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The LP Procedure |
A simple blending problem illustrates the dense and sparse input formats and the use of PROC LP. A step in refining crude oil into finished oil products involves a distillation process that splits crude into various streams. Suppose there are three types of crude available: Arabian light, Arabian heavy, and Brega. These types of crude are distilled into light naphtha, intermediate naphtha, and heating oil. These in turn are blended into jet fuel using one of two recipes. What amounts of the three crudes maximize the profit from producing jet fuel? A formulation to answer this question is as follows:
The following data set gives the representation of this formulation. Notice that the variable names are the structural variables, the rows are the constraints, and the coefficients are given as the values for the structural variables.
data; input _id_ $14. a_light a_heavy brega naphthal naphthai heatingo jet_1 jet_2 _type_ $ _rhs_; datalines; profit -175 -165 -205 0 0 0 300 300 max . naphtha_l_conv .035 .030 .045 -1 0 0 0 0 eq 0 naphtha_i_conv .100 .075 .135 0 -1 0 0 0 eq 0 heating_o_conv .390 .300 .430 0 0 -1 0 0 eq 0 recipe_1 0 0 0 0 .3 .7 -1 0 eq 0 recipe_2 0 0 0 .2 0 .8 0 -1 eq 0 available 110 165 80 . . . . . upperbd . ;
The same model can be specified in the sparse format, as follows. This format enables you to omit the zero coefficients.
data; input _type_ $ @10 _col_ $13. @24 _row_ $16. _coef_; datalines; max . profit . eq . napha_l_conv . eq . napha_i_conv . eq . heating_oil_conv . eq . recipe_1 . eq . recipe_2 . upperbd . available . . a_light profit -175 . a_light napha_l_conv .035 . a_light napha_i_conv .100 . a_light heating_oil_conv .390 . a_light available 110 . a_heavy profit -165 . a_heavy napha_l_conv .030 . a_heavy napha_i_conv .075 . a_heavy heating_oil_conv .300 . a_heavy available 165 . brega profit -205 . brega napha_l_conv .045 . brega napha_i_conv .135 . brega heating_oil_conv .430 . brega available 80 . naphthal napha_l_conv -1 . naphthal recipe_2 .2 . naphthai napha_i_conv -1 . naphthai recipe_1 .3 . heatingo heating_oil_conv -1 . heatingo recipe_1 .7 . heatingo recipe_2 .8 . jet_1 profit 300 . jet_1 recipe_1 -1 . jet_2 profit 300 . jet_2 recipe_2 -1 . _rhs_ recipe_1 0 ;
Because the input order of the model into PROC LP is unimportant, this model can be specified in sparse input in arbitrary row order. Example 3.2 in the "Examples" section demonstrates this.
The dense and sparse forms of model input give you flexibility to generate models using the SAS language. The dense form of the model is solved with the statements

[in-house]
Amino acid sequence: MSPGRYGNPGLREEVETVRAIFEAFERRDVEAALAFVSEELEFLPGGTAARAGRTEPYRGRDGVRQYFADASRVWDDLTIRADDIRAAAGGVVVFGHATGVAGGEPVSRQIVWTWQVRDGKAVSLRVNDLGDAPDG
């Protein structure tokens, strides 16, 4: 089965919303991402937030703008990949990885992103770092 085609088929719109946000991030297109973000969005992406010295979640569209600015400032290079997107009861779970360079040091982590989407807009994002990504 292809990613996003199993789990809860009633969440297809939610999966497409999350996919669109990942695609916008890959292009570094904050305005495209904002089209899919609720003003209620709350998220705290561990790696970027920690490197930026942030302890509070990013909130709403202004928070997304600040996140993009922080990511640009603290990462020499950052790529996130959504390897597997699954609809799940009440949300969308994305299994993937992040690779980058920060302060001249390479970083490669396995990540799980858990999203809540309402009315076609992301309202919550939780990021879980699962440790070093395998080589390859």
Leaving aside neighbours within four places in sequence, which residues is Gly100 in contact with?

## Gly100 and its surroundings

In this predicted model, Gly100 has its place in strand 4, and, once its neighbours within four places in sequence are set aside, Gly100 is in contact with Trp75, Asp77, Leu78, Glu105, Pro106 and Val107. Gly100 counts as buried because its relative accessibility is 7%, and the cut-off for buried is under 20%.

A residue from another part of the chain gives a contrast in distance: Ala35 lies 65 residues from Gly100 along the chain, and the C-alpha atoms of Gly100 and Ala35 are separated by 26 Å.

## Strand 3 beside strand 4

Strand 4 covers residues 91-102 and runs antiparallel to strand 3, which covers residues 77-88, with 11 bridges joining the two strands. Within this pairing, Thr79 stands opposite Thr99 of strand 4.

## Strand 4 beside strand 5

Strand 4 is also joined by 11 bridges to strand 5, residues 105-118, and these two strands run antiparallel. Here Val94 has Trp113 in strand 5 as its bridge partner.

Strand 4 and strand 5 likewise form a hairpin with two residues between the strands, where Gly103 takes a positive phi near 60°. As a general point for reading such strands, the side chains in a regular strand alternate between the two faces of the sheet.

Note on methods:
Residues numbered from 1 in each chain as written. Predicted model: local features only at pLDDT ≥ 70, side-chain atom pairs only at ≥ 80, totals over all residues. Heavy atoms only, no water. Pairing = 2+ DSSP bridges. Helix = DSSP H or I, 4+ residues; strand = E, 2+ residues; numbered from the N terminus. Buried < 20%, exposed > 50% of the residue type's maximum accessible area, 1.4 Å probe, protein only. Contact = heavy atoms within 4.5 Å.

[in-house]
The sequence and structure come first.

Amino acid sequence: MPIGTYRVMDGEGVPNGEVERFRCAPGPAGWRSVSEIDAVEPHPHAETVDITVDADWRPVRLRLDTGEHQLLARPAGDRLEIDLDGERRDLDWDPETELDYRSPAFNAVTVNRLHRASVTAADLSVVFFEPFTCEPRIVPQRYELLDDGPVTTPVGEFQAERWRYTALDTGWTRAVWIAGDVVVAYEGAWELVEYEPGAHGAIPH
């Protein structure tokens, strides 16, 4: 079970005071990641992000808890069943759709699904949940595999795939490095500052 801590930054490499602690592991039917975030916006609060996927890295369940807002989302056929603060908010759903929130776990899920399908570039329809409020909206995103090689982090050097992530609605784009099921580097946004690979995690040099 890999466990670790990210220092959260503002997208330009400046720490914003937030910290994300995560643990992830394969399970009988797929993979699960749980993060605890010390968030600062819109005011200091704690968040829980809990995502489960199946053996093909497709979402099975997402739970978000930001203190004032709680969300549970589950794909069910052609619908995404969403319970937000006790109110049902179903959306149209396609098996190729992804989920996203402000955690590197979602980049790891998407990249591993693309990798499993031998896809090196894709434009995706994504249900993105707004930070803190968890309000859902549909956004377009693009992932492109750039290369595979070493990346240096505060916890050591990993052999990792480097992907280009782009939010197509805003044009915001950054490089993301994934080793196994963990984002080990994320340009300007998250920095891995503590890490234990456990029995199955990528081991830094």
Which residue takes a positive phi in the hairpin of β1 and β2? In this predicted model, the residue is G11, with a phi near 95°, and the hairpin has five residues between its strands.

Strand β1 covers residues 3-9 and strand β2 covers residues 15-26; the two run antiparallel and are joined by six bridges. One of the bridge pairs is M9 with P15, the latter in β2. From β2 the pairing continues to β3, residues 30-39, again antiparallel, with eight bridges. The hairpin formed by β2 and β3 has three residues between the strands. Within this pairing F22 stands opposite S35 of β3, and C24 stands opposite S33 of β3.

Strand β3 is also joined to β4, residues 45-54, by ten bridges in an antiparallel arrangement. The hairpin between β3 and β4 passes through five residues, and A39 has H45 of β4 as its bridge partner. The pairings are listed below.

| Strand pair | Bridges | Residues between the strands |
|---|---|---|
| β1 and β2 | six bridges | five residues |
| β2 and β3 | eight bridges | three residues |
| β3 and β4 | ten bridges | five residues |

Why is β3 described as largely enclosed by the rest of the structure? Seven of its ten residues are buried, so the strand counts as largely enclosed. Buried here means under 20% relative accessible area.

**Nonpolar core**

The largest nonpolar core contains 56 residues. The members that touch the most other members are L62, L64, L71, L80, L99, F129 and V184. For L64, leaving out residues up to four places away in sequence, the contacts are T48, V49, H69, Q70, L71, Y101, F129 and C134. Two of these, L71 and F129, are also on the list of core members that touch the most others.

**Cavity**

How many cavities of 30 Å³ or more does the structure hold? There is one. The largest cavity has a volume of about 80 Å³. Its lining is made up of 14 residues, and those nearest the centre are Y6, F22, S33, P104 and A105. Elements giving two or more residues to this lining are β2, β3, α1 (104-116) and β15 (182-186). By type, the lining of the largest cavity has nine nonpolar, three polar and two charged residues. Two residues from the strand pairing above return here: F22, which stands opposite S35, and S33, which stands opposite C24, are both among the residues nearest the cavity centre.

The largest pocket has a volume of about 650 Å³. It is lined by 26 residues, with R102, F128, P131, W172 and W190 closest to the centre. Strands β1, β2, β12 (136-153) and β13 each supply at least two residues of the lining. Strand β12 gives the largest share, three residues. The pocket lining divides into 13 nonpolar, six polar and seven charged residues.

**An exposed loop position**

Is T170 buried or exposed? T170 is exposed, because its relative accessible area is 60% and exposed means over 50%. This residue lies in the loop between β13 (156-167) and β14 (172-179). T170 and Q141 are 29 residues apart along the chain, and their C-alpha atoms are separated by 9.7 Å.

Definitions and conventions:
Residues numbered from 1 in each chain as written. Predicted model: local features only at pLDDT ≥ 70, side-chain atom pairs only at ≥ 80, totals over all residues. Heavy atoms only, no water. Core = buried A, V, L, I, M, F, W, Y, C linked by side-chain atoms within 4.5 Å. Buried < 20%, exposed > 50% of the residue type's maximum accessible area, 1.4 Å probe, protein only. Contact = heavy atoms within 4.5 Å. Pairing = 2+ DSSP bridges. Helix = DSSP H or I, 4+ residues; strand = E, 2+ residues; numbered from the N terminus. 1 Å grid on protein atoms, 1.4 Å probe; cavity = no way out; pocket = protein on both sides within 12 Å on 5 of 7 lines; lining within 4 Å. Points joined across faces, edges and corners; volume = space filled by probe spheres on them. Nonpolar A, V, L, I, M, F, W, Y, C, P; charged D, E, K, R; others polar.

proc lp; run;
The sparse form is solved with the statements:
proc lp sparsedata; run;
Example 3.1 and Example 3.2 in the "Examples" section continue with this problem.
proc lp data=dense; run;
proc lp; id rowname; type type; rhs rhs; run;
Other special variables for the dense format are _RHSSEN_ and _RANGE_, which identify the vectors for the right-hand-side sensitivity and range analyses. The corresponding statements are the RHSSEN and RANGE statements. (Notice that a variable name can be identical to a statement name.)
In the same way, if you replace the variables _COL_, _ROW_, _TYPE_, and _COEF_ in the previous sparse form data set by COLUMN, ROW, TYPE and COEF, you need the problem definition statements (COL, ROW, TYPE, and COEF) in PROC LP
proc lp sparsedata; col column; row row; type type; coef coef; run;
In the sparse form data set, the value _RHS_ under the variable _COL_ is a special column name, which represents the model's right-hand-side column. If you replace it by a name R, the PROC LP statements would be
proc lp sparsedata; rhs r; run;
Other special column names for the sparse format are _RHSSEN_ and _RANGE_. The corresponding statements are the RHSSEN and RANGE statements.
PROC LP is case insensitive to variable names and all character values, including the row and column names in the sparse format. The order of the problem definition statements is not important.
For the dense format, a model's row names appear as character values in a SAS data set. For the sparse format, both the row and the column names of the model appear as character values in the data set. Thus, you can put spaces or other special characters in the names. When referring to these names in the problem definition statement or other LP statements, you must use single or double quotes around them. For example, if you replace _RHS_ by R H S in the previous sparse form data set, the PROC LP statements would become
proc lp sparsedata; rhs "r h s"; run;
proc lp readpause; run;
When the procedure pauses, you run the PRINT statement to display the initial technological matrix and see if the input is correct. Then you run the PIVOT statement to do one simplex pivot and pause. After that you use the SHOW statement to check the current solution status. Then you apply the RESET statement to tell the procedure to stop as soon as it finds a solution. Now you use the RUN statement to continue the execution. When the procedure stops, you run the PRINT statement again to do a price range analysis and QUIT the procedure. Use SAS %PUT statement to display the contents of PROC LP's macro variable, _ORLP_, which contains iterations and solution information. What follows are the complete statements in batch mode:
proc lp readpause; run; print matrix(,); /* display all rows and columns. */ pivot; show status; reset endpause; run; print rangeprice; quit; %put &_orlp_;
Note: you can force PROC LP to pause during iterations by using the CTRL-BREAK key.
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